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Cue Sheet entry


Well, here's one of those optimistic studies that's contraindicated simply by looking around you in a theater or concert-hall lobby: According to the data, people who read or go to cultural events have a lower body-mass index than all those idiots who aren't like you and me.

Hmm. What I notice in American theaters and on the street is that, whether Haves or Have-Nots, what at least a third of people across the board have is avoirdupois.

One thing to be wary of in this study is that most of the subjects were Europeans--people who spend a lot more time walking in the normal course of the day than do Americans, and who have rather different diets. Furthermore, the connection is stronger in Western Europe than Eastern Europe. Still, the study does find a distinction between the average body-mass indexes of the cultural elite and the hoi polloi.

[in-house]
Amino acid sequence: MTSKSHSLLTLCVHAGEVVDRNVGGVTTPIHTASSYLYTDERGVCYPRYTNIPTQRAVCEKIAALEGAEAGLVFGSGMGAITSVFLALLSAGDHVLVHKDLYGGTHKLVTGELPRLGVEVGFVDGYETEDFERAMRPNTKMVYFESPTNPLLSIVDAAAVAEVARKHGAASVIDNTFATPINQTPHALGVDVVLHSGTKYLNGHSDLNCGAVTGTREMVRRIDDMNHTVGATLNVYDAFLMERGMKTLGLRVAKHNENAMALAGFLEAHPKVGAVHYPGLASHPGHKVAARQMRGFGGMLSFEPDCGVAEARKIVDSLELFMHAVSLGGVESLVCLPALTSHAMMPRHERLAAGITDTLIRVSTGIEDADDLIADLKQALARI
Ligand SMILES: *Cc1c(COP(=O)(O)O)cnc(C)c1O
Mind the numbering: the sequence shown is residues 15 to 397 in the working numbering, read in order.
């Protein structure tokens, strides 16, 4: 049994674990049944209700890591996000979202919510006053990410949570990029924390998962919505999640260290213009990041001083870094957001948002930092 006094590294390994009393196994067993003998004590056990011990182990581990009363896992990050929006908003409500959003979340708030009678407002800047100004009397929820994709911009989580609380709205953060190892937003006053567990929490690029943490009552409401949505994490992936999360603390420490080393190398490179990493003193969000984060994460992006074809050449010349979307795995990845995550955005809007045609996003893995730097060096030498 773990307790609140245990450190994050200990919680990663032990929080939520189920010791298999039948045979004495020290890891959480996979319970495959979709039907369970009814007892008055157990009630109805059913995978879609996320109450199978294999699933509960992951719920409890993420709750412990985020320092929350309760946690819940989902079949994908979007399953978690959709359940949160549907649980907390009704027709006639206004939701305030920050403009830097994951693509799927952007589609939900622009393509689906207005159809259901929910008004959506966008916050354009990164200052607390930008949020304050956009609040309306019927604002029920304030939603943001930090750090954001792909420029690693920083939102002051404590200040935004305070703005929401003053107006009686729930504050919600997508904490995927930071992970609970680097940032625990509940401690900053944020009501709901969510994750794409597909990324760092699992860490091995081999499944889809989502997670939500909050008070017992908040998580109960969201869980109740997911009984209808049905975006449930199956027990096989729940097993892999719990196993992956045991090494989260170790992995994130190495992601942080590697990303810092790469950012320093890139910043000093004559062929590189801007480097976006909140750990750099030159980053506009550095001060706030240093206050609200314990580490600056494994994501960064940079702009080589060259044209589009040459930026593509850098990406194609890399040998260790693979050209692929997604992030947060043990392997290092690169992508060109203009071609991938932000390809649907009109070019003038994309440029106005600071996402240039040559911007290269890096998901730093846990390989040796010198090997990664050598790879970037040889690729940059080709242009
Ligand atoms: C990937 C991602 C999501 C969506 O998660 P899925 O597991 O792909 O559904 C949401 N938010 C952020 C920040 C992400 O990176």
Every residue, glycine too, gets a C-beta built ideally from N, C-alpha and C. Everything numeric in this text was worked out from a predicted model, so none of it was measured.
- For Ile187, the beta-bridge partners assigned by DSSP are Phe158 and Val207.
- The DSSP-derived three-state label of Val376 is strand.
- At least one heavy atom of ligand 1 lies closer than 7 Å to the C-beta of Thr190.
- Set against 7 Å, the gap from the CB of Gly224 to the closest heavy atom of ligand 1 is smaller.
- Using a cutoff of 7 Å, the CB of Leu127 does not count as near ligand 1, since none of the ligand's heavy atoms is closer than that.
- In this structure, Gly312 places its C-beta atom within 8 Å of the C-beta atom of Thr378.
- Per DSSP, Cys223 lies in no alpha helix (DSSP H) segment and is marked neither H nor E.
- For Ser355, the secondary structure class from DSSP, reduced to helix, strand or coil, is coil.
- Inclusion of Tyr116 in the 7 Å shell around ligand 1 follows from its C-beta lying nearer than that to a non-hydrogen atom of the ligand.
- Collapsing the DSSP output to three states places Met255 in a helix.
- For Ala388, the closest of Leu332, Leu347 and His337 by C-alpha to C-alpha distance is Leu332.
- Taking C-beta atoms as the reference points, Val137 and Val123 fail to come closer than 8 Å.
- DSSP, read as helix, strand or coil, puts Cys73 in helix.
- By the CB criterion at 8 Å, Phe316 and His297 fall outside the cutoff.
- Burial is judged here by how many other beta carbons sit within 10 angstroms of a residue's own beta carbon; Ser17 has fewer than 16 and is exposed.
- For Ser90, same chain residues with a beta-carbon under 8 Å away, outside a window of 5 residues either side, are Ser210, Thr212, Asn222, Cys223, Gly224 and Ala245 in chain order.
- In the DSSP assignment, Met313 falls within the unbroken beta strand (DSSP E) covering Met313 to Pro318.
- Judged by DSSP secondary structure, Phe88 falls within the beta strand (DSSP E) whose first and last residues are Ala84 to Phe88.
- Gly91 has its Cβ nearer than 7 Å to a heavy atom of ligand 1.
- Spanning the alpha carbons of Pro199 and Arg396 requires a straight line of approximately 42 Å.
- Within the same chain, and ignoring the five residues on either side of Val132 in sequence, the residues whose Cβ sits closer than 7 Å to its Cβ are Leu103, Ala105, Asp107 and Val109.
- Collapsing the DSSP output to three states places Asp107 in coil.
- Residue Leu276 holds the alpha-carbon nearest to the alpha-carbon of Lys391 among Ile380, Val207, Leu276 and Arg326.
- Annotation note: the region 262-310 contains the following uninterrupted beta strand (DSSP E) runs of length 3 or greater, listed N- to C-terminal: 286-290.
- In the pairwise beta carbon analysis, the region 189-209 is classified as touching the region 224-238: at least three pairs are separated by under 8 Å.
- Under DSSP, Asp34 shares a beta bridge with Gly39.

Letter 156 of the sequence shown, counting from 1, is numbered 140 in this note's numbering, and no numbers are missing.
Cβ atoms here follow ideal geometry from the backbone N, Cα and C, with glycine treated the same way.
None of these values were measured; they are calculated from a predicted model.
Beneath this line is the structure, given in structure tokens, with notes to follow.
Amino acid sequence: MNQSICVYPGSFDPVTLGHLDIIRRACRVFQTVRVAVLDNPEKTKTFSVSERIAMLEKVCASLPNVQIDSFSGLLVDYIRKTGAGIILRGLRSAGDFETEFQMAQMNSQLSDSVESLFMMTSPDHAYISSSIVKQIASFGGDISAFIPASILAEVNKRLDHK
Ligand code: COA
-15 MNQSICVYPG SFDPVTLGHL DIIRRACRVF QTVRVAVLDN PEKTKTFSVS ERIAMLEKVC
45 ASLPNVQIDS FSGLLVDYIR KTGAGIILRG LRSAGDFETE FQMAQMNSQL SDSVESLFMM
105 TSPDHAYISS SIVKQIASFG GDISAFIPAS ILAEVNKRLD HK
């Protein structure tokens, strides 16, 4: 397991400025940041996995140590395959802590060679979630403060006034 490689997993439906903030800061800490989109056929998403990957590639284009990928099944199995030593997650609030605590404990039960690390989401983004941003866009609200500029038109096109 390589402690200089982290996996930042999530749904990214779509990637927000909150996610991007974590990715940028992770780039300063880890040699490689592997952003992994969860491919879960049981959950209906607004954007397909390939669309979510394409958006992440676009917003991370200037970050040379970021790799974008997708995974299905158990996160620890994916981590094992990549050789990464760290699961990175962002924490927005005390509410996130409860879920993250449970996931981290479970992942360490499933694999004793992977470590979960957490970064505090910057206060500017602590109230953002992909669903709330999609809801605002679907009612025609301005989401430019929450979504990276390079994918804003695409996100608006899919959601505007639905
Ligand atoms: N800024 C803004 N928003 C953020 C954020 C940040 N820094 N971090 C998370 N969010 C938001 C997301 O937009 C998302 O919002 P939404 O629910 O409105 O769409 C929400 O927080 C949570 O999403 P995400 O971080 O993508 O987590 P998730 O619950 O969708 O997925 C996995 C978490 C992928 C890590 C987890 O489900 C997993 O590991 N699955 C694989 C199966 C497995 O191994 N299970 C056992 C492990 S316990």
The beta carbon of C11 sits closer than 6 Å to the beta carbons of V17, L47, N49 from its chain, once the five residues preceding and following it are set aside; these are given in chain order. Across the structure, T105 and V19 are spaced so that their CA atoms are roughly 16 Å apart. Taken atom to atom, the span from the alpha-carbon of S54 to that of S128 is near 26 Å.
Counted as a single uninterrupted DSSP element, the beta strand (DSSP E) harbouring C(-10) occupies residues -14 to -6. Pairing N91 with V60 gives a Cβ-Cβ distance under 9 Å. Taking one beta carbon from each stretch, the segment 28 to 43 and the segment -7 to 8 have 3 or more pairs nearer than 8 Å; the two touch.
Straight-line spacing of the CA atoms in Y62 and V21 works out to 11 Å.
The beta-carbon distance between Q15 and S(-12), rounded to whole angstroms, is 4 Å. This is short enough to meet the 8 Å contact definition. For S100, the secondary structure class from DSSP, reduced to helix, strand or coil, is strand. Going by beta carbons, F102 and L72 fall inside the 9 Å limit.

Still, the analysis is interesting. One of the basic assumptions is that people interested in culture are well-educated. "More highly educated people tend to both read more and weigh less. Perhaps knowledge gained from schooling gives insight into the importance of proper weight for good health. In addition, mastering difficult coursework in college can help build confidence in one’s ability to reach difficult goals–including managing weight."

The author further reasons that "Perhaps the key is that groups sharing similar intellectual and cultural interests likely also share common lifestyles for health. It makes sense that members of a social network will share many ideals, and some of those ideals may relate to health and body weight."

In other words, it's that tried-and-true technique from junior high: peer pressure.

Here's the full article from the journal Sociology of Health and Illness. I suggest you read it while listening to classical music.

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About Cue Sheet

James Reel's cranky consideration of the fine arts and public radio in Tucson and beyond.

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